Causes of ulcerative colitis
causes of ulcerative colitis are currently unknown.
Symptoms of ulcerative colitis may be the result of
problems with the immune system, though it is not known
whether or not these immune system problems actually
cause the disease.
are two periods in life when ulcerative colitis is more
likely to develop. The first of these is between fifteen
and thirty years of age, the second is between fifty and
seventy years. There is some evidence of a genetic
component in the disease as some populations or
ethnicities are at greater risk of developing it than
What to expect
affect sufferers differently. Fifty percent of sufferers
experience a milder form of the disease, with the
remaining fifty percent suffering more aggressive
symptoms. These include:
and abdominal pains.
Inflammation of the skin, eyes and joints.
Stools (poo) with pus, mucus and blood.
(the feeling of constantly needing to pass
stools, often with pain).
children: Inhibited growth and development.
Urgency and incontinence.
the disease begins at the rectum, the area of lower
bowel near to the anus, and can spread, involving
progressively more of the colon. In some patients the
disease is limited to the rectum whilst in others it can
develop to involve the whole left hand side of the large
bowel, known as left-sided disease. In some sufferers
the disease can cover the whole of the colon (large
bowel) when it is called pan-colitis (or extensive
many years of inflammation, the colon is at higher risk
of changes that can lead to colon cancer. Patients
therefore undergo examination of the colon to check on
the disease and to look for any changes that might
indicate cancer risk.
Testing for ulcerative colitis
Colonoscopy with biopsy is used to diagnose ulcerative
colitis, and subsequently to test sufferers for risk of
colon cancer. During a colonoscopy a small tube with a
camera at the doctors’ end is inserted in to the anus so
that a doctor can examine the colon visually and take
photographs or video of the colon.
Treatment of ulcerative colitis can be both reactive, to
treat flare-ups and bring patients in to remission, and
proactive, to maintain remission. There are steps that
sufferers can take to assist medical treatments.
of the disease can be triggered or made worse by outside
factors such as diet or stress, though they don’t cause
of the disease itself.
foods can provoke flare ups and this varies from
sufferer to sufferer. Patients tend to avoid these after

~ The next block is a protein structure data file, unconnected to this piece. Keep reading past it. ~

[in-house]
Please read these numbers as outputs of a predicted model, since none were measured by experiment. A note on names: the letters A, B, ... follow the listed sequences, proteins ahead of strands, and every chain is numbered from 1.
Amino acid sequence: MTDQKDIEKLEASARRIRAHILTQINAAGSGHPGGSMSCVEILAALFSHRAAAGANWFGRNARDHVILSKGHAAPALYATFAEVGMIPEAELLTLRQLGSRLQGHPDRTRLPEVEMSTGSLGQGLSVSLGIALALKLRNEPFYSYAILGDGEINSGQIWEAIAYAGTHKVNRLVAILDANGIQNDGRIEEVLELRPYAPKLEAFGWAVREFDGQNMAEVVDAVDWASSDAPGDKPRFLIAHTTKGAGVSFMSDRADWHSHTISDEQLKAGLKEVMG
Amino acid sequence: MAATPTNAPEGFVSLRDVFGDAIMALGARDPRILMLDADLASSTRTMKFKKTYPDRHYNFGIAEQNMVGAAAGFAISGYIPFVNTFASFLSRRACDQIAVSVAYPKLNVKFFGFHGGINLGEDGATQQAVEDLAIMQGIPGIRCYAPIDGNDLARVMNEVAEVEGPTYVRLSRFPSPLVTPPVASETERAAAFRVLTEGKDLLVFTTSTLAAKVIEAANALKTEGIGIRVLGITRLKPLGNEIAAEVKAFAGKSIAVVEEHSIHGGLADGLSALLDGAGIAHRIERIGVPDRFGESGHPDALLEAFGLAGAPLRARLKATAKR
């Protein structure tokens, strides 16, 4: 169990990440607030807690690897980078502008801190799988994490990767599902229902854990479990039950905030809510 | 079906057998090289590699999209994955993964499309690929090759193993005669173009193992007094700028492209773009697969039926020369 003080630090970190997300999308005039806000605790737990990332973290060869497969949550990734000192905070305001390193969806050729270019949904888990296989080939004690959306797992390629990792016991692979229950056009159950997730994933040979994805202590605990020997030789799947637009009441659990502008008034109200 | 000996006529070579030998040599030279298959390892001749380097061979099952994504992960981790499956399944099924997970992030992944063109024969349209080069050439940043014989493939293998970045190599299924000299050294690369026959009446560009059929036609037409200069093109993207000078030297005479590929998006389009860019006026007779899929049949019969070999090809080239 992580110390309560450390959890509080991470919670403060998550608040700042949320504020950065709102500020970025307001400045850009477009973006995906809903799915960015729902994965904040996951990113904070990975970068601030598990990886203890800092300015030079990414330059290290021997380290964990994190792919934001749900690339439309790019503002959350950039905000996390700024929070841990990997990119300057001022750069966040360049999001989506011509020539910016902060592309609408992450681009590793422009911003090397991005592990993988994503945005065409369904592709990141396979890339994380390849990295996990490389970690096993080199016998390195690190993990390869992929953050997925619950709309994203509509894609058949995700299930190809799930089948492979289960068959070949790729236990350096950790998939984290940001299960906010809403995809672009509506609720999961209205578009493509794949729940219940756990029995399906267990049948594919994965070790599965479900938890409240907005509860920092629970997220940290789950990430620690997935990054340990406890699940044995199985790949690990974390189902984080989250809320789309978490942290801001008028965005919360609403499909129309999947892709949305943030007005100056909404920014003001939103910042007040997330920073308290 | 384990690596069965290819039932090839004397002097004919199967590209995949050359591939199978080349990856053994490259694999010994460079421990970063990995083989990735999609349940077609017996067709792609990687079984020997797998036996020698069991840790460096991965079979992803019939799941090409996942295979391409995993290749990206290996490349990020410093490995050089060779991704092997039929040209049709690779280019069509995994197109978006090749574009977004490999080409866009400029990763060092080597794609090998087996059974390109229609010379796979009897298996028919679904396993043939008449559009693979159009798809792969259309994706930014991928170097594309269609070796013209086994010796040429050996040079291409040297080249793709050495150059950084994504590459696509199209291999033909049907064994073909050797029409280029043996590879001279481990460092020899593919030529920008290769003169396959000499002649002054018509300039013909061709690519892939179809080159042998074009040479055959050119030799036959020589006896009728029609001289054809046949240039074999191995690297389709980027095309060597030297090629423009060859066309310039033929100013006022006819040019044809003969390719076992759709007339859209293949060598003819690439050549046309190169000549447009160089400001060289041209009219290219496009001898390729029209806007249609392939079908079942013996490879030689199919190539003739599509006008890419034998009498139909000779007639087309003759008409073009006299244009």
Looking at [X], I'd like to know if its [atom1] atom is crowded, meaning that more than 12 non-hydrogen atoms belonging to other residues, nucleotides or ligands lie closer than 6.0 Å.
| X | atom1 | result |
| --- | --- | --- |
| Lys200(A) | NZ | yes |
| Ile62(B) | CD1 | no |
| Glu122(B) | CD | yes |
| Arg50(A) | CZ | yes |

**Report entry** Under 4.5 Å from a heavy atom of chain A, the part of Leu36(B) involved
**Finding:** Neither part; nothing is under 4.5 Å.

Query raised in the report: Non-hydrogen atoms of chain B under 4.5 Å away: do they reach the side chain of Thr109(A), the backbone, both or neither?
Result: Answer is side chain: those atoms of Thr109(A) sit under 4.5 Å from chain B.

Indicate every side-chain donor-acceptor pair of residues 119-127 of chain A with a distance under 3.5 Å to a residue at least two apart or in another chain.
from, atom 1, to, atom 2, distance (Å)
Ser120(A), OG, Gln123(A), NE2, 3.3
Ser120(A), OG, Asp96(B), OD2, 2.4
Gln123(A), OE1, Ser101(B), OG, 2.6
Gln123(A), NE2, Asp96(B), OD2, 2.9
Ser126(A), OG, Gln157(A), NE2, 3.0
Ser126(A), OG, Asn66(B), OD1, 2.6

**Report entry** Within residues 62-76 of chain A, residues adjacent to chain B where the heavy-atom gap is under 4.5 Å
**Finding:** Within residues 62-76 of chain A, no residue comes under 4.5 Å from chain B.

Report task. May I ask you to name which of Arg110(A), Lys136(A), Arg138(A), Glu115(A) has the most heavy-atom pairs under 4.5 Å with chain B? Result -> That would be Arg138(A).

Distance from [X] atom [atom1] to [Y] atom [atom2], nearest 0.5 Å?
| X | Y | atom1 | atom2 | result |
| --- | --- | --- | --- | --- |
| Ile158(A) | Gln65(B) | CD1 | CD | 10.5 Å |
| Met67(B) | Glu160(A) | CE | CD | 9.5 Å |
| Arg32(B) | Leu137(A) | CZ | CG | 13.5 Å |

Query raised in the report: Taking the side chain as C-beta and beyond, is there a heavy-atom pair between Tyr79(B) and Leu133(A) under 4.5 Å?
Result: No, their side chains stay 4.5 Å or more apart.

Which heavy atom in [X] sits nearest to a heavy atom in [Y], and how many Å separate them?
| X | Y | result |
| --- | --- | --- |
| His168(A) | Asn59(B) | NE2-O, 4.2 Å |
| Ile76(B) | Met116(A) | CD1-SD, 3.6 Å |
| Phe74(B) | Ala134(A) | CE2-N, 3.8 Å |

some trial and error.
sufferers find the disruptive symptoms of ulcerative
colitis distressing and embarrassing. Many hospitals
have specialist nurses to advise sufferers. There are
also charities to assist and support ulcerative colitis
UK: Crohn’s and Colitis
EU: European Federation of Crohn's and Ulcerative
Colitis Associations (EFCCA)
USA: the Crohn's and Colitis Foundation of America (CCFA)
medicines are used to treat and reduce the severity of
flare-ups. Others are used to try to reduce the number
of attacks suffered by a patient. These include:
acid (also known as mesalazine or mesalamine)
administered either as oral tablets or suppositories
or liquid enema inserted directly into the back
Corticosteroids like prednisolone administered as
tablets or as an enema.
Immunomodulators such as azathioprine and
such as infliximab as a treatment for patients whose
disease is not controlled by other medicines.
is currently the only cure for ulcerative colitis. Many
patients undergo a ‘colectomy’, which means surgical
removal of part orall of the colon. Colectomised
patients may receive a stoma, where the end of the
intestine is brought to the wall of the belly or abdomen
where the contents of the intestine are collected in a
disposable plastic bag. This operation is called a colostomy or ileostomy depending on what part of the bowel is
connected to the wall of the belly. Alternatively an
artificial rectum is created, called a pouch, where a
loop of small bowel (intestine) is used to make an
artificial internal bag to hold the contents of the
intestine which is then connected to the anus.
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